The Real Deal New York

Inside Compass’ recruiting machine

“When we want someone, we go after them from every angle possible.”
By E.B. Solomont | February 13, 2018 07:00AM

(Illustration by Lexi Pilgrim for The Real Deal)

UPDATED, Feb. 13, 9:38 a.m.: Residential brokerages in New York woke up on Dec. 7 with 450 million new reasons to fear Compass. Softbank’s cash infusion in that amount accelerated the firm’s nationwide growth timeline, and by the end of that month, it had recruited 50 agents in New York to close out 2017 with 888 agents in its hometown — up from 479 in mid-December 2016.

“The word ‘slow’ is not part of the Compass vocabulary,” said Compass COO Maelle Gavet.

The five-year-old brokerage, now valued at $2.2 billion, has riled competitors by aggressively courting agents and managers from rival firms, and sources said it’s ramped up its efforts in recent months, particularly since the Softbank deal.

“They’re a real entity to think about,” said one brokerage head. “They have almost $800 million behind them.”

Compass targeted agents from New York’s leading residential firms, according to The Real Deal’s analysis of licenses on file with the Department of State. Corcoran Group took the biggest hit, ceding 73 agents in the five boroughs to Compass, DOS records show. Another 42 agents came from Douglas Elliman, while 34 were from Halstead Property, 32 from Town Residential and 24 from Brown Harris Stevens.

Some of the headline-grabbing hires include Brian Lewis from Halstead, Silvette Julian from Nest Seekers International and Fabienne Lecole from Corcoran.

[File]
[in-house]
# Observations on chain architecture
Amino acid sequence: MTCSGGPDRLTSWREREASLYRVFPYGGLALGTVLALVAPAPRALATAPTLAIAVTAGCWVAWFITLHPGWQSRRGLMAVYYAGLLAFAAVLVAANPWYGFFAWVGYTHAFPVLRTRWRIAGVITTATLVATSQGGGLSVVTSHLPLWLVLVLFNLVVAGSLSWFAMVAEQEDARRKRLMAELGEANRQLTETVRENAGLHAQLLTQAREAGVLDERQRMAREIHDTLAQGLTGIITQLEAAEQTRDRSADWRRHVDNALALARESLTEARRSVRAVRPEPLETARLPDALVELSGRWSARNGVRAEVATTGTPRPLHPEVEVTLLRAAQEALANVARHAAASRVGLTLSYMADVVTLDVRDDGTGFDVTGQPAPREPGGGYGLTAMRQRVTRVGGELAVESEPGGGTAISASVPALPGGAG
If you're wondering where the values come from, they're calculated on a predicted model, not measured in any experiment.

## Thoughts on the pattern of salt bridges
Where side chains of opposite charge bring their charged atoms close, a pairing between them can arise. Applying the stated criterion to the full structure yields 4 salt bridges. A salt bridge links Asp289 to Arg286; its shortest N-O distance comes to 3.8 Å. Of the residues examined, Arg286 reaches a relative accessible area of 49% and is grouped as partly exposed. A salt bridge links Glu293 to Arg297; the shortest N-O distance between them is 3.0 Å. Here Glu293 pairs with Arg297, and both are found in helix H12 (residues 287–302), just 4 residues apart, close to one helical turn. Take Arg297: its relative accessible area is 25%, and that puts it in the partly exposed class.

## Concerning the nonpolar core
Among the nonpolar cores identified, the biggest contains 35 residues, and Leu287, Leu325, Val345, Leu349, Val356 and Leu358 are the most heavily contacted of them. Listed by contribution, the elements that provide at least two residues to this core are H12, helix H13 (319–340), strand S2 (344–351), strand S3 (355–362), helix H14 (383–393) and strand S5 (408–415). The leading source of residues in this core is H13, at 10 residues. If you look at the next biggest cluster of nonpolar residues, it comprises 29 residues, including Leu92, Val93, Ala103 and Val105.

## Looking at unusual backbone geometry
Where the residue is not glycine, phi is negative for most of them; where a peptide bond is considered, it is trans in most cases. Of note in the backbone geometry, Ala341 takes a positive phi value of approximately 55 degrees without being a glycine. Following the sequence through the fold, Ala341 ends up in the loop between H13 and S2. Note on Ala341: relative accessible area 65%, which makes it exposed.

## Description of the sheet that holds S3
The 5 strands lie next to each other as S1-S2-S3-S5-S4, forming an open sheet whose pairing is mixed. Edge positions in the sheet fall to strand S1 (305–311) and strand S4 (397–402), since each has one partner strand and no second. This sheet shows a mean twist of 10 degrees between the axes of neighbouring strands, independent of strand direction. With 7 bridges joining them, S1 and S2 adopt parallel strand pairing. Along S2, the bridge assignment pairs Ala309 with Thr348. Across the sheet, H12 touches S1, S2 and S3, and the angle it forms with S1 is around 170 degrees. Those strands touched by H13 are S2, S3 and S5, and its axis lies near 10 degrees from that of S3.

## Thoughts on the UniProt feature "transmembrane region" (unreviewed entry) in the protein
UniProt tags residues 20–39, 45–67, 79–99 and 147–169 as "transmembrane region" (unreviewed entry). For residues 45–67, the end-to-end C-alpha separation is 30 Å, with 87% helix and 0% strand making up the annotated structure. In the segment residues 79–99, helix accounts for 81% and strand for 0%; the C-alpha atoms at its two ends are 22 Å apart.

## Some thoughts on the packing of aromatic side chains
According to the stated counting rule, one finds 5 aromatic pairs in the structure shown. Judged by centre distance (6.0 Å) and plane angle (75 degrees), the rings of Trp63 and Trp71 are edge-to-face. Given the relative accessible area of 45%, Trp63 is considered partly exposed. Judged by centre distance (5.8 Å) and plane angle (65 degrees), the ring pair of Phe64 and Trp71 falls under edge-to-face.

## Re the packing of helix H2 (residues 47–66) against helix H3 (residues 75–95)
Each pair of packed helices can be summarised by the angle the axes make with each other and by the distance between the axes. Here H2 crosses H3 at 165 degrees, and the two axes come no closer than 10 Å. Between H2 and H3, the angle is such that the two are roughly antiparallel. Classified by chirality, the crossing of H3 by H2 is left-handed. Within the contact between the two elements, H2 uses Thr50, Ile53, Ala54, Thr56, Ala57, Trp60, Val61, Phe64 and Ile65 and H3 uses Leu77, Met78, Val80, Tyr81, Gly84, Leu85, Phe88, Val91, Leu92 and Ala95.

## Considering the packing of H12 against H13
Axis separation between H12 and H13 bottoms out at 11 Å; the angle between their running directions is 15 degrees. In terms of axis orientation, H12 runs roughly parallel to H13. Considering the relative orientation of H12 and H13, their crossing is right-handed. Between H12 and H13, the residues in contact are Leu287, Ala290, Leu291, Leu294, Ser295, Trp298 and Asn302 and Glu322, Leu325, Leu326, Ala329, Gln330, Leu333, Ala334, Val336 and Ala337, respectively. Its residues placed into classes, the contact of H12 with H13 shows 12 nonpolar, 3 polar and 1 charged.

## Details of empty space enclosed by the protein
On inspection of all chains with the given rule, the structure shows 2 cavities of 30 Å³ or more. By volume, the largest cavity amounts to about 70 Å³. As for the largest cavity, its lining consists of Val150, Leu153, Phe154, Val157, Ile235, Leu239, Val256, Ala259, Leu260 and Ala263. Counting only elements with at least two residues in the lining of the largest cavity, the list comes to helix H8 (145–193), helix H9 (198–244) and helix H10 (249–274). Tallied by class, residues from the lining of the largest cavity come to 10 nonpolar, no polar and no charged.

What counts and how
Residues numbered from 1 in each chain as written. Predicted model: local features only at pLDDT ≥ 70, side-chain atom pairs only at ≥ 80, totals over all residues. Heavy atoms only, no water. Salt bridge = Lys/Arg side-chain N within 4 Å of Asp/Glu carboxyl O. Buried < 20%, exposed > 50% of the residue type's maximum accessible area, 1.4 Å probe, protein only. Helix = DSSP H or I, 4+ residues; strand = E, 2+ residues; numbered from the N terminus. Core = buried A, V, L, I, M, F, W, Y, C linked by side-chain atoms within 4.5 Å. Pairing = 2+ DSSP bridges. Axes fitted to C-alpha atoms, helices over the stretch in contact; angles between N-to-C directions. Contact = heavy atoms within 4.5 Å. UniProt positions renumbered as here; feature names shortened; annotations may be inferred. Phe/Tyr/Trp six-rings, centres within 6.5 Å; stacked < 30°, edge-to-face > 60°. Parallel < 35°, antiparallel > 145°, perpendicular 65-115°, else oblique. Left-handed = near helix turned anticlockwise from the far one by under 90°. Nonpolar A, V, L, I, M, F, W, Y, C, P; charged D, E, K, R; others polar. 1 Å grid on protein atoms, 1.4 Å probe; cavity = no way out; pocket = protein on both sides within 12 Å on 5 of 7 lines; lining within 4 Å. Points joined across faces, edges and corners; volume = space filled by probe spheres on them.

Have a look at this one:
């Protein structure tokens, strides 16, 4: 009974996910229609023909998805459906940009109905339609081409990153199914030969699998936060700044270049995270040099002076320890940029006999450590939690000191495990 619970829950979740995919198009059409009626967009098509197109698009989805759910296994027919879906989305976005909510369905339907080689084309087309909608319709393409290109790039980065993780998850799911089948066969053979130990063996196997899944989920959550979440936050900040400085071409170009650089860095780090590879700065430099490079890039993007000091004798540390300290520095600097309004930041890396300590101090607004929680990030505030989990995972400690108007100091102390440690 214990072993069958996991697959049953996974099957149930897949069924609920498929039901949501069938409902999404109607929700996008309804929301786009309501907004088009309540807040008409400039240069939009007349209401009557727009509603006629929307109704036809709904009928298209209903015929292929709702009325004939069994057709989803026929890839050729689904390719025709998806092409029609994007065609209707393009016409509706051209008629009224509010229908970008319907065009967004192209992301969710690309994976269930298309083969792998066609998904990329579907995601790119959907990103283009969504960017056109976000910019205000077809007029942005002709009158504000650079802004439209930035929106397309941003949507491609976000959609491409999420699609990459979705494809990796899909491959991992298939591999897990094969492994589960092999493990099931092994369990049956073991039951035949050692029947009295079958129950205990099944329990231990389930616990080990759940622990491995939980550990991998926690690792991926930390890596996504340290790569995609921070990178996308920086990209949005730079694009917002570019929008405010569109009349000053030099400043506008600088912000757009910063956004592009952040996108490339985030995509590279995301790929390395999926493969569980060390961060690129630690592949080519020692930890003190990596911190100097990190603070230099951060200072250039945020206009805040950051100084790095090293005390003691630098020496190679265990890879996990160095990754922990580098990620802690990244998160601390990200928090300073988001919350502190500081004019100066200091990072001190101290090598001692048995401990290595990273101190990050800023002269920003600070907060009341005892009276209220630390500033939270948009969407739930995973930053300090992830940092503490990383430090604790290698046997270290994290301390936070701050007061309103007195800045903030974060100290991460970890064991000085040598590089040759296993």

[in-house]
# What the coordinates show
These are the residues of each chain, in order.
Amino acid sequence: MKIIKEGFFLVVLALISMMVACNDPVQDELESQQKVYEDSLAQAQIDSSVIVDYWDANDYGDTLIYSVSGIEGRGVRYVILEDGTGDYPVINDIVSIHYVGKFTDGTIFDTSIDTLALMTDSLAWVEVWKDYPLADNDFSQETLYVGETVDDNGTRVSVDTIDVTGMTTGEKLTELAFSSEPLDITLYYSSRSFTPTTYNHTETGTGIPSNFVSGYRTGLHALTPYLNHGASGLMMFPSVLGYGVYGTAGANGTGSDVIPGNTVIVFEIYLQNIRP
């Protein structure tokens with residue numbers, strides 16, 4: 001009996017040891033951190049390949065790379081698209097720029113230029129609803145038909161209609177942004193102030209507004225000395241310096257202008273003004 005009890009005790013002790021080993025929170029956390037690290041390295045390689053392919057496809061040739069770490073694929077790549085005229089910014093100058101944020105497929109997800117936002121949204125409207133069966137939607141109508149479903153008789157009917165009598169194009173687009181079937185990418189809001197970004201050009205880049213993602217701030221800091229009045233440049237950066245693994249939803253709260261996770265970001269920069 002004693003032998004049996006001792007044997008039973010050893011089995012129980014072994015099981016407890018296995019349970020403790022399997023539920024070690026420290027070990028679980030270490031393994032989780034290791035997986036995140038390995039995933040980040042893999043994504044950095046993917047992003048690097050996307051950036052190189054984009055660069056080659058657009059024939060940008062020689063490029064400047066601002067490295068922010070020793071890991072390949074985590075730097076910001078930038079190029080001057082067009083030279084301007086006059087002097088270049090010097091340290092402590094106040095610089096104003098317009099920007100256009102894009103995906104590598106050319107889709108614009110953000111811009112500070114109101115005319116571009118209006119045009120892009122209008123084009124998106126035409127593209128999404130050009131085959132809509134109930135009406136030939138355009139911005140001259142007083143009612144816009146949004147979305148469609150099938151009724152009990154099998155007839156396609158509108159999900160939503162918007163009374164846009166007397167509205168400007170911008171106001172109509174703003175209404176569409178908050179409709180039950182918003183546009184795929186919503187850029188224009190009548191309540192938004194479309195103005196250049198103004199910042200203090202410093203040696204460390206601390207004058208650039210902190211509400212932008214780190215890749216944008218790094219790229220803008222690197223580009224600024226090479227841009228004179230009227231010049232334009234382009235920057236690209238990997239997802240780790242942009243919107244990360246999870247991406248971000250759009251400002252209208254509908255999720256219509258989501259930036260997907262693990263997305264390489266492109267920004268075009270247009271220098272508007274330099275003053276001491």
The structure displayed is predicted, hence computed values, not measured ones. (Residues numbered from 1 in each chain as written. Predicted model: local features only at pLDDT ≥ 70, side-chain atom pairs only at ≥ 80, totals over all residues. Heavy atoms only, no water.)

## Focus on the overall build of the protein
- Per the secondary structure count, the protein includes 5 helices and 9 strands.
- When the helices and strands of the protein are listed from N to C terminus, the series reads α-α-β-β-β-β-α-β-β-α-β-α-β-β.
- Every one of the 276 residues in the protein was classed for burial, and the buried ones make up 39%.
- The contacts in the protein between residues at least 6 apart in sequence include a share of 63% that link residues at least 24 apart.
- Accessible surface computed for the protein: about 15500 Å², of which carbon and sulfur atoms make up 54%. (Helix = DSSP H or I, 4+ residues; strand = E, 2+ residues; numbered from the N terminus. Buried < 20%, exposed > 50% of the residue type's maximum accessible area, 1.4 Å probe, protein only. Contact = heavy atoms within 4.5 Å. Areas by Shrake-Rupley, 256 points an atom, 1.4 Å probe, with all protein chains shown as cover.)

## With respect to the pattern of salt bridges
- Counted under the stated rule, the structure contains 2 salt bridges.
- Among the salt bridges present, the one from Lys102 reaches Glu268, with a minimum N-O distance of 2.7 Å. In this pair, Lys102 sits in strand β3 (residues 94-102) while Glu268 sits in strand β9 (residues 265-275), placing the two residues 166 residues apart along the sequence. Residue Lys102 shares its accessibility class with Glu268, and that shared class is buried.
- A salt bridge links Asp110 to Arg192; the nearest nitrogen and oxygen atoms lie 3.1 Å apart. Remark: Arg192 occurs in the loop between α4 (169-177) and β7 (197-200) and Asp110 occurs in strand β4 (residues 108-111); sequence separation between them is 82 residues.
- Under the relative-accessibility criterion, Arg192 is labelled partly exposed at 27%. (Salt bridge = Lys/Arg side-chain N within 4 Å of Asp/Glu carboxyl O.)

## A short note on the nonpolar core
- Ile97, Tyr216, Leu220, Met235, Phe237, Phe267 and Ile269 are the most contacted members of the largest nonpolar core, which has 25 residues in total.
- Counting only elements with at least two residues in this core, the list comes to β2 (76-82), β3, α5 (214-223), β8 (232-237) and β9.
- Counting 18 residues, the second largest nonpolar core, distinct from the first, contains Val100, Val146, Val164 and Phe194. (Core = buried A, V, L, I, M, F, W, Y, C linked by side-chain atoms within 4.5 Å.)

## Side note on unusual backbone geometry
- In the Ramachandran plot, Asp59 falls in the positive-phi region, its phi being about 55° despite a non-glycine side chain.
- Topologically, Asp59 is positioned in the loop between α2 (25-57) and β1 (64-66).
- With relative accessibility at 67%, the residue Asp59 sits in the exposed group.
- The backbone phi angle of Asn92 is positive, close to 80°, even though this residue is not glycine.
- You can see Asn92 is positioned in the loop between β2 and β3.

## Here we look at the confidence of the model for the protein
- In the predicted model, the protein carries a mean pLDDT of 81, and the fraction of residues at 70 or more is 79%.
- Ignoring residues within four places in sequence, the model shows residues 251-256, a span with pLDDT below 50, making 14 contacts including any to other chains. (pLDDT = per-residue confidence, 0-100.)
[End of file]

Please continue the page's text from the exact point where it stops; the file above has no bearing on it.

“When we want someone, we go after them from every angle possible,” Nolan Greenberg, who leads a nine-person recruitment team at Compass, wrote in the May 2016 issue of Compass Quarterly. (Greenberg is in charge of employee recruitment, while Rob Lehman, Compass’ chief revenue officer, oversees agent recruitment.) “If you’re battling for a candidate with another firm,” Greenberg wrote, “it’s you versus them because recruiting is all about selling opportunity.”

Face the nation

In November, Reffkin said Compass wants 20 percent market share in 20 major U.S. markets by 2020. That month, the brokerage launched three offices in Chicago, where it recruited Jeff Lowe, the city’s top agent by sales volume, according to data firm Real Trends. A week into 2018, Compass opened a Dallas office.

In New York and other markets, Compass has gone after the biggest fish and bet others would follow.

“It’s a protocol unto itself,” said one former staffer, who said the business development team pores over published rankings of top agents. “They treated it like an equation almost.”

Halstead CEO Diane Ramirez wished her former agents “all the best.” But other bosses took things more personally.